A life after the laboratory
A life after the laboratory
Novel and innovative approaches for achieving good animal welfare are increasingly considered. The rehoming of laboratory animals represents one way in which attempts could be realised, as the registers of ethical concern about practising good animal welfare shift towards the case for rehoming. This blog discusses the findings of a paper which answers the call for research that explores the extent of laboratory animal rehoming practices at a national level.
Rehoming is an under-researched area of the social scientific studies of laboratory animal research, and is receiving increasing attention from animal welfare organisations and industry bodies working to improve the well-being of staff. My PhD research (2017- ) seeks to address this gap and the first publication from this research is available now open access in Plos One (https://doi.org/10.1371/journal.pone.0234922). The paper examines rehoming practices across UK animal research facilities.
When I began my research, it made sense initially to survey UK animal research facilities on their rehoming practices, which was a precursor to interviews with staff at research facilities, rehoming organisations and members of the public who have rehomed laboratory animals. The survey was designed to produce an overall picture of current rehoming practice. This includes understanding the numbers and species being rehomed, the procedures facilities take to rehome, and how both the animal and the prospective owner are prepared for the process.
In order to answer these questions, I designed a semi-structured questionnaire and distributed it to animal research facilities across the UK. 41 facilities responded, giving a response rate of approximately 25%.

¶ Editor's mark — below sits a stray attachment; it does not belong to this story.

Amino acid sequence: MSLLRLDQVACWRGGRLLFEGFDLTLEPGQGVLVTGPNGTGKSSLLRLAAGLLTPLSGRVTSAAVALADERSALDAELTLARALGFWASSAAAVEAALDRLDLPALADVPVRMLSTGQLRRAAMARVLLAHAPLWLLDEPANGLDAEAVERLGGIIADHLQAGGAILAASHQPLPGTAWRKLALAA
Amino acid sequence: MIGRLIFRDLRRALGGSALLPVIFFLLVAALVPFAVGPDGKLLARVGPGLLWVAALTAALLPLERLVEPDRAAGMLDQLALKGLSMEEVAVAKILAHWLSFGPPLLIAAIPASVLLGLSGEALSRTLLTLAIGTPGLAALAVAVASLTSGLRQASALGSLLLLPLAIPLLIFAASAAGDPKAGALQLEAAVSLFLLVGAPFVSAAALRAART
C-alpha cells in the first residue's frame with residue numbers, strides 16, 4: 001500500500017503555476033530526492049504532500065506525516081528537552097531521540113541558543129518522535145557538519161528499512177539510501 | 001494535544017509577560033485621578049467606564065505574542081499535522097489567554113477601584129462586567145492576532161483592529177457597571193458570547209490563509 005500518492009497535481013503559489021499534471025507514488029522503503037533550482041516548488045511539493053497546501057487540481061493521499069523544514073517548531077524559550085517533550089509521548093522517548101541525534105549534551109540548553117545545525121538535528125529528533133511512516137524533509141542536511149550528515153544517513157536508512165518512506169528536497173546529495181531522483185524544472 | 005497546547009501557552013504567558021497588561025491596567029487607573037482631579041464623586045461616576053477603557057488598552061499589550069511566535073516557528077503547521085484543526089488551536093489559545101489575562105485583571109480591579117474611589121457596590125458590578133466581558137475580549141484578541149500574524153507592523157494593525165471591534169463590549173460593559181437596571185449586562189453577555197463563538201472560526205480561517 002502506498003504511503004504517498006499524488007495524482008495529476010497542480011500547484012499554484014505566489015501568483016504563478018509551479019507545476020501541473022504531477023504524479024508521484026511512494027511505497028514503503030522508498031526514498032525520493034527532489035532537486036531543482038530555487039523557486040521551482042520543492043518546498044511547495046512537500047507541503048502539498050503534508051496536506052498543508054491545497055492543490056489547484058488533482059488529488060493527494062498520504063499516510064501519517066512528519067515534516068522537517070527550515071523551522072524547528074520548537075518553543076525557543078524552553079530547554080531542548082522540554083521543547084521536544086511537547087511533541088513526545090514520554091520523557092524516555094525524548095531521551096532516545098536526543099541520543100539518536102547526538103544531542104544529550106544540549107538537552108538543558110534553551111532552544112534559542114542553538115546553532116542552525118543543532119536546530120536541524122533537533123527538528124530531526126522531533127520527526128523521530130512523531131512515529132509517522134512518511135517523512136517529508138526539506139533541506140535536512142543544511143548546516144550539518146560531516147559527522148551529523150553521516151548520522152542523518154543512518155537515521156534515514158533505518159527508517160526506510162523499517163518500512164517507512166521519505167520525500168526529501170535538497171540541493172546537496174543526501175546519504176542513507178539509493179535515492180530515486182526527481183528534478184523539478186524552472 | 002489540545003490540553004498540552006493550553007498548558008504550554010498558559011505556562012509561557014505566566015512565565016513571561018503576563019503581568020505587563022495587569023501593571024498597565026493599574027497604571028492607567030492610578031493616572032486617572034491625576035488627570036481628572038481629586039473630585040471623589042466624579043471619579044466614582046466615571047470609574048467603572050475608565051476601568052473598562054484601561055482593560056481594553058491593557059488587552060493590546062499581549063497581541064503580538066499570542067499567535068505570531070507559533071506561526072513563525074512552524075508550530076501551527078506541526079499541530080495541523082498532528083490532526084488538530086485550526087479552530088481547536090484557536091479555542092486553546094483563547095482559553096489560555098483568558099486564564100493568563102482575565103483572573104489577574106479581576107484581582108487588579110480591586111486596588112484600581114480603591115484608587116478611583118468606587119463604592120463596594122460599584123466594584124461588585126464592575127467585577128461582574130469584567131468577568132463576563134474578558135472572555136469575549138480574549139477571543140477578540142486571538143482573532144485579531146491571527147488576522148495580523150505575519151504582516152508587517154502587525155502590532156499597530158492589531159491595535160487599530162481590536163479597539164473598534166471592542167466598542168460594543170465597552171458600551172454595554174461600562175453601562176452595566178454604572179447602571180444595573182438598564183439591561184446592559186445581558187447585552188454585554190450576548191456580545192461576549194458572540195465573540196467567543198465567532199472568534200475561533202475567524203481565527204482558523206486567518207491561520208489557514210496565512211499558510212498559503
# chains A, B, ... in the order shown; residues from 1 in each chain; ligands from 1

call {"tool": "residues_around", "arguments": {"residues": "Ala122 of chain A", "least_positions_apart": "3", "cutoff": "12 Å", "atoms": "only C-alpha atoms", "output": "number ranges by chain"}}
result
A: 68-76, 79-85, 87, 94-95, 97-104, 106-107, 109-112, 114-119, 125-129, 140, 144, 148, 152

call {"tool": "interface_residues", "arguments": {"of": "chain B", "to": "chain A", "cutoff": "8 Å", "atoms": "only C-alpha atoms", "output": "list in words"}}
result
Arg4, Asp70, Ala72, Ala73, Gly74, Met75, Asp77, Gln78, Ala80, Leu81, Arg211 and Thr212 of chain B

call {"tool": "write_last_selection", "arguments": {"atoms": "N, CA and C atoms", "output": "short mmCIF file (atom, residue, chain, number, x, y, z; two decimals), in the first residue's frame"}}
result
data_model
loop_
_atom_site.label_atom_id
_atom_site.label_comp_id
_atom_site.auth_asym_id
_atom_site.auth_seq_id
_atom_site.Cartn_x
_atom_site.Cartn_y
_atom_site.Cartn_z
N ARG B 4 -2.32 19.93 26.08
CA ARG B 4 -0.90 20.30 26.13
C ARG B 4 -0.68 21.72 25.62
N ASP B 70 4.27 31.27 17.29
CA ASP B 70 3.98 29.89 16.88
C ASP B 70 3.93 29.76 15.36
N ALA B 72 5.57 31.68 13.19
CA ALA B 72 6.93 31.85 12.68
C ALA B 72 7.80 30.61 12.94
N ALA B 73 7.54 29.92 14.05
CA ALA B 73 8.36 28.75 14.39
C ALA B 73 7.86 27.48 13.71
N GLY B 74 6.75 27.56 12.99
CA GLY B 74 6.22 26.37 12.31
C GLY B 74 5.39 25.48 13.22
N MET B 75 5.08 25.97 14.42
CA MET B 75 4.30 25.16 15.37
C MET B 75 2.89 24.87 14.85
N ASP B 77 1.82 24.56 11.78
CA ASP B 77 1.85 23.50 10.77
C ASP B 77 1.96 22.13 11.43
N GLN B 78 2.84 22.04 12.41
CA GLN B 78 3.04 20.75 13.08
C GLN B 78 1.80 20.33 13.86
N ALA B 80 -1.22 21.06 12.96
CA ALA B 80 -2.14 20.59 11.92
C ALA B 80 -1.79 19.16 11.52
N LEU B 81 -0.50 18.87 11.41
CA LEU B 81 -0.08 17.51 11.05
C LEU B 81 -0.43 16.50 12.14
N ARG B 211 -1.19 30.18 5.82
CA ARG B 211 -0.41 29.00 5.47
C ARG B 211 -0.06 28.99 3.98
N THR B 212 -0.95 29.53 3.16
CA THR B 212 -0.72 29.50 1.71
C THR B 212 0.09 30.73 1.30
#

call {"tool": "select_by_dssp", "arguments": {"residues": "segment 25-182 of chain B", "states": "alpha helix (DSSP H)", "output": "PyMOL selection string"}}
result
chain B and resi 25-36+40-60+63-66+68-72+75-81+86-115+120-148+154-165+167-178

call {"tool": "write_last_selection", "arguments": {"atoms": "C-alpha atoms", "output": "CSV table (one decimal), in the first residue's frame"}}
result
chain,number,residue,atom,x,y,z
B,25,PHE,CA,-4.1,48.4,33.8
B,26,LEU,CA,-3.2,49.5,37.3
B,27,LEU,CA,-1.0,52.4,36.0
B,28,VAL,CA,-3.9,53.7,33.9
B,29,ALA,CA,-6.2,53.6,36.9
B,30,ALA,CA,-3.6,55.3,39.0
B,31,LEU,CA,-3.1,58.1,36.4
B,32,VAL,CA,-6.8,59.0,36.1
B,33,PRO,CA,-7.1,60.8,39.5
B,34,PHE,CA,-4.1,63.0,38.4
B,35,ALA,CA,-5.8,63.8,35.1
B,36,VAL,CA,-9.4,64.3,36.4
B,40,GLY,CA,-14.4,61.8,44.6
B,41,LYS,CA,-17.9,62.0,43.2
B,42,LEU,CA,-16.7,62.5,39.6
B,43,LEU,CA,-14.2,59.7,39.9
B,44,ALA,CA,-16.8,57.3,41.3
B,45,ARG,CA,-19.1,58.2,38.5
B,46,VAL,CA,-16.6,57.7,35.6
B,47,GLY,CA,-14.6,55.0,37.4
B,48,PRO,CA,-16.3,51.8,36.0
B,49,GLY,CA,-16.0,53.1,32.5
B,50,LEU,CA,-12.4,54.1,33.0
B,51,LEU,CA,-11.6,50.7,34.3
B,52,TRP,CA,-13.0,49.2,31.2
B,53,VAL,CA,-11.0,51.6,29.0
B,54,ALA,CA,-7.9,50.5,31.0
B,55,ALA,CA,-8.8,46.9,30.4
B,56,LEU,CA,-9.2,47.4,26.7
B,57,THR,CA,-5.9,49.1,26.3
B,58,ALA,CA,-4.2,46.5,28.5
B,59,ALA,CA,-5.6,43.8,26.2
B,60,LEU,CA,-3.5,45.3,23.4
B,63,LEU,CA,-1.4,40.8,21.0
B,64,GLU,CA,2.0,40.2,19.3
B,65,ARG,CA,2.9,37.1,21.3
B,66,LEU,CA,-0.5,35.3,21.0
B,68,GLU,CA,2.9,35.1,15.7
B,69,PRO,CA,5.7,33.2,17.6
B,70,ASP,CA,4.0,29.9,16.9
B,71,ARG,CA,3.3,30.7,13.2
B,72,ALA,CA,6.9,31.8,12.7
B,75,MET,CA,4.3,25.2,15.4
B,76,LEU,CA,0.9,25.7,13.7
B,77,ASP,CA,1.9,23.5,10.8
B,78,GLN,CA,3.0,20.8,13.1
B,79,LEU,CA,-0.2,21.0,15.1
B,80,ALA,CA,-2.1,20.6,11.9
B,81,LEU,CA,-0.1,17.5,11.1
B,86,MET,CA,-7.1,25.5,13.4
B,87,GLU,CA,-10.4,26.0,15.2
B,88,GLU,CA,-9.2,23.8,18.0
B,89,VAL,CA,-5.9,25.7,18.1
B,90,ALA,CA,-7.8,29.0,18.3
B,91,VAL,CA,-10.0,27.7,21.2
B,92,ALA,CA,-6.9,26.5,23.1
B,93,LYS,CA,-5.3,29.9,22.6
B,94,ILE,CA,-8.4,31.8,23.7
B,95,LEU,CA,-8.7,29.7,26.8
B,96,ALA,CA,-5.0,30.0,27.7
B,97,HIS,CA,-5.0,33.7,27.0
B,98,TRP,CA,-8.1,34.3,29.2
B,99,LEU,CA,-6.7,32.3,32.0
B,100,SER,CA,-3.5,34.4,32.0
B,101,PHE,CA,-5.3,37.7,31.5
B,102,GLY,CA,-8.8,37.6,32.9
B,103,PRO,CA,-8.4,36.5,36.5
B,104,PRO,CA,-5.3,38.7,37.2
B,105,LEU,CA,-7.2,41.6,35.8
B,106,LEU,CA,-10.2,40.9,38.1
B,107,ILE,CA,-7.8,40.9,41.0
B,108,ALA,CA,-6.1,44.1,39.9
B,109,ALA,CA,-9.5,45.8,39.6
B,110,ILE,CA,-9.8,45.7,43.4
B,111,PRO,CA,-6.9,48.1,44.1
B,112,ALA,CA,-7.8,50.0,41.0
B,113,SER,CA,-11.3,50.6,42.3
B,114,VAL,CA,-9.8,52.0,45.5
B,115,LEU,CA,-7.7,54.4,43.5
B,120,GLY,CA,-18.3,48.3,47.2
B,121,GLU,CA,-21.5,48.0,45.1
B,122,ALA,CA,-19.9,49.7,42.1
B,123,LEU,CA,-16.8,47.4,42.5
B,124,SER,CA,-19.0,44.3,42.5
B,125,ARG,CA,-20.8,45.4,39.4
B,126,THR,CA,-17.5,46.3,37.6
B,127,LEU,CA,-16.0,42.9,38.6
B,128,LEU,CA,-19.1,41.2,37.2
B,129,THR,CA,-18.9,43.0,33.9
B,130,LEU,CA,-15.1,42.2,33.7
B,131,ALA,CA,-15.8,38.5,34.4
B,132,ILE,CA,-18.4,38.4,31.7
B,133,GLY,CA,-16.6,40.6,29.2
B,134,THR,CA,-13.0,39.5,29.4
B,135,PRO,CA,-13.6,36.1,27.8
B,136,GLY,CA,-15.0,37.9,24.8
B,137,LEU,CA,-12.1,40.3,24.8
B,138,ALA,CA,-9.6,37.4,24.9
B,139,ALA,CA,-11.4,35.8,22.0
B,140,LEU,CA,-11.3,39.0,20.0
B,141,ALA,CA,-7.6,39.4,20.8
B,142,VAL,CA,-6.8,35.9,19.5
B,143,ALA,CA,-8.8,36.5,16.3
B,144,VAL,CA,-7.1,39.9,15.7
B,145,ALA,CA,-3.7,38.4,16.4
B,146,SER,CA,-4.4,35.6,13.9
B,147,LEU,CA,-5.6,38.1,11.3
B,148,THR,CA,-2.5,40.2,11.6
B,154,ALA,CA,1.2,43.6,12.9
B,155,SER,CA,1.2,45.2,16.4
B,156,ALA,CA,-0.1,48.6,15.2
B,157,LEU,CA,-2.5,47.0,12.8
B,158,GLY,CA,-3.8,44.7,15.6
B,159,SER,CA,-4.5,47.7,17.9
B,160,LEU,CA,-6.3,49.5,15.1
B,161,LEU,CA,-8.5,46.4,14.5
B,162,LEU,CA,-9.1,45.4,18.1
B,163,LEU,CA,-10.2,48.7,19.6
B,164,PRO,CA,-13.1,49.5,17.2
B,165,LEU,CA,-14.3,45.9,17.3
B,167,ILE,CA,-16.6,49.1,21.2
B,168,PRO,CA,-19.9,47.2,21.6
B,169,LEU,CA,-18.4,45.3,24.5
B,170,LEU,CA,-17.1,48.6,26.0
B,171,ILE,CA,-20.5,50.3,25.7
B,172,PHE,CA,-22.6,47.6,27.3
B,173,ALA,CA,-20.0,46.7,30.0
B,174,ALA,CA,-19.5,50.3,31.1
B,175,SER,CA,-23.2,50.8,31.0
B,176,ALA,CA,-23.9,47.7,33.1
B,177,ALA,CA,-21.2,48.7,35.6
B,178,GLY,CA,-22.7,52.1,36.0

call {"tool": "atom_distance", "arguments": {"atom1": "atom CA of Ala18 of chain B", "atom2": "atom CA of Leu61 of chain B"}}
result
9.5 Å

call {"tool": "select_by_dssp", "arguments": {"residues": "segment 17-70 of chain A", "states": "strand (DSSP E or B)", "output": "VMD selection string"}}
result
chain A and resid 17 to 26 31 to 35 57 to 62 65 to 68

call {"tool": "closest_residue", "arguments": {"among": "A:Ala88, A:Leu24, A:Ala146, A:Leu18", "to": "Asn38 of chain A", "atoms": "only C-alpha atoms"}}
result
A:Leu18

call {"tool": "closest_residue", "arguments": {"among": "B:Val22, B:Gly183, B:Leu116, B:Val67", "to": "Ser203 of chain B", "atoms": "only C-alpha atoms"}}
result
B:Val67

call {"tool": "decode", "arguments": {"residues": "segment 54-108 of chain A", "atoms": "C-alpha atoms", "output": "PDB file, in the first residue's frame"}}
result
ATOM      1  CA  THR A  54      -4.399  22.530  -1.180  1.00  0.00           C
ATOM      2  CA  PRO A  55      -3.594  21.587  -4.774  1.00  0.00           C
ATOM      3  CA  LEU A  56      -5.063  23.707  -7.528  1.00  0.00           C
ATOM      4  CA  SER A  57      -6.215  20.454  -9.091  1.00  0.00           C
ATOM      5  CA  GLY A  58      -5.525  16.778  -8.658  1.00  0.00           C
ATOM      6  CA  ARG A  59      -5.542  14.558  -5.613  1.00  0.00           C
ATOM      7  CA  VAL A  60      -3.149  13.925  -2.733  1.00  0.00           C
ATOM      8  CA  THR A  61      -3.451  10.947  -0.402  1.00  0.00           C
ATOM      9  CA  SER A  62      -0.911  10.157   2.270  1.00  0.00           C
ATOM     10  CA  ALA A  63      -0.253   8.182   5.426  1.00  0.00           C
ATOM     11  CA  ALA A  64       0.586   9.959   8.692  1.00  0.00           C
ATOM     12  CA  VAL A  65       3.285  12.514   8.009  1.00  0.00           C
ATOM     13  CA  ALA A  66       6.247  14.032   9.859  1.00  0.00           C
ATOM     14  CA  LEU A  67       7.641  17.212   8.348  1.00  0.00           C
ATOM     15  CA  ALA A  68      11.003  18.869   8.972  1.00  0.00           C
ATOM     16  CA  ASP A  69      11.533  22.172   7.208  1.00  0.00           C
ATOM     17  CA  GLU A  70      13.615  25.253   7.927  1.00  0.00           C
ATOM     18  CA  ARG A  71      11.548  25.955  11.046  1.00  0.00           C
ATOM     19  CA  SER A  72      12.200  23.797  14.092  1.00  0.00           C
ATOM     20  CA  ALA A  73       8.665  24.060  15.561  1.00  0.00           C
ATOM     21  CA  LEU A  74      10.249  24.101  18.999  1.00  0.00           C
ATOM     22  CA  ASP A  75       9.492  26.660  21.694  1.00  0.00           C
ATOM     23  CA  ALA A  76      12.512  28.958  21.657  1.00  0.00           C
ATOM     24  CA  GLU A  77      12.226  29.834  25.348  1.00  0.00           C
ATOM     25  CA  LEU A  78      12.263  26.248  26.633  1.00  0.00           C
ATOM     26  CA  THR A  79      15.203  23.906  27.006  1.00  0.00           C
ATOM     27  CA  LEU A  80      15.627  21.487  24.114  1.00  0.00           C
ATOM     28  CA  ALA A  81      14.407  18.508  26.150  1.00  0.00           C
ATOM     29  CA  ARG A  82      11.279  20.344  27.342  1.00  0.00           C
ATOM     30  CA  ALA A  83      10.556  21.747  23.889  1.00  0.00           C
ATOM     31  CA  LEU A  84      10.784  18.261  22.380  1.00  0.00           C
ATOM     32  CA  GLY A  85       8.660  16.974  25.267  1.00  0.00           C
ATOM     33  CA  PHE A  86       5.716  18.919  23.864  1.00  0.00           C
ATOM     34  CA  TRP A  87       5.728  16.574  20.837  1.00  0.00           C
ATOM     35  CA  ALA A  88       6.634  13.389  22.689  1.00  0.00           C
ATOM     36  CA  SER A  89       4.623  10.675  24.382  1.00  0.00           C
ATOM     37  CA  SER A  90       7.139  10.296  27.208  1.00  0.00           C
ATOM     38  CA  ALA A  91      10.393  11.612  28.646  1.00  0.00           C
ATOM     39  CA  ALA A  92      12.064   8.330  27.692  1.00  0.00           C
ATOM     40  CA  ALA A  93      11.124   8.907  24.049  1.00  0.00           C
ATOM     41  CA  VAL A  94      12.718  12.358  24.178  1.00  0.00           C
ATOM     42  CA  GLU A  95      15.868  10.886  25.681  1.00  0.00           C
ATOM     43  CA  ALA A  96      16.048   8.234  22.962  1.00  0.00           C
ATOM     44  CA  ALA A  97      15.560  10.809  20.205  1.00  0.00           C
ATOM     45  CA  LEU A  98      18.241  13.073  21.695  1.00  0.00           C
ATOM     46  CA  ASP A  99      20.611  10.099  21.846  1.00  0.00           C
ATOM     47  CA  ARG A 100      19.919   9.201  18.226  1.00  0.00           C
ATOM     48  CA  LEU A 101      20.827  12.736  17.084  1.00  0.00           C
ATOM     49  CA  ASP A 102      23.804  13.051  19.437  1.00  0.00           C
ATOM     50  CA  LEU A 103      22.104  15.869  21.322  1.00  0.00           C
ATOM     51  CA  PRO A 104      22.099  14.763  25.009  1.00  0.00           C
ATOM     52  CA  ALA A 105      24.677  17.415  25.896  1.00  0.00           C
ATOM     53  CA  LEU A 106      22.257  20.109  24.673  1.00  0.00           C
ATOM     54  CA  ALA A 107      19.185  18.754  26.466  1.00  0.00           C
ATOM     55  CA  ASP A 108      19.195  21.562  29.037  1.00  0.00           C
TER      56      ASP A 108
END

Results suggest rehoming occurs routinely, yet the numbers are small; just 2322 animals are known to have been rehomed between 2015-2017. However, the survey captured attempts to rehome by almost 50% of those completing the questionnaire.
Perhaps unsurprisingly, there exists a clear preference for the rehoming of some species (mainly companion animals i.e. cats, dogs and horses) over others (rodents, agricultural animals and primates). Indeed, although 94.15% of all animals known to be kept in laboratories are rodents, they make up under a fifth (19.14%) of all animals known to be rehomed between 2015-2017. However, this does not mean that rodents and fish are not rehomed at all - in fact rehoming occurs across a range of species, including mice, gerbils, fish, pigs, sheep and ferrets.
Those who completed the questionnaire reflected on the benefits rehoming could provide; the primary motivation for rehoming is to boost staff morale and promote a positive ethical profile for the facility. The practice thus fed into and helped to maintain cultures of care. Barriers to rehoming include concern for the animal's welfare following rehoming, high scientific demand that leaves few to be rehomed, and certain animals (mainly those genetically modified) simply being unsuited to rehoming.
I hope that the findings of this research will support facilities choosing to rehome, as well as those that are not currently engaging in the practice. By promoting the practice, the benefits of rehoming in terms of improving the quality of life of laboratory animals, helping staff overcome the moral stress associated with aspects of their work, and addressing public concern regarding the fate of laboratory animals, can be attained.
Finally, I would like to express my gratitude to those who completed the questionnaire. Your insights were both imperative to the completion of the work, and incredibly interesting. I look forward to sharing more of my findings as the research progresses.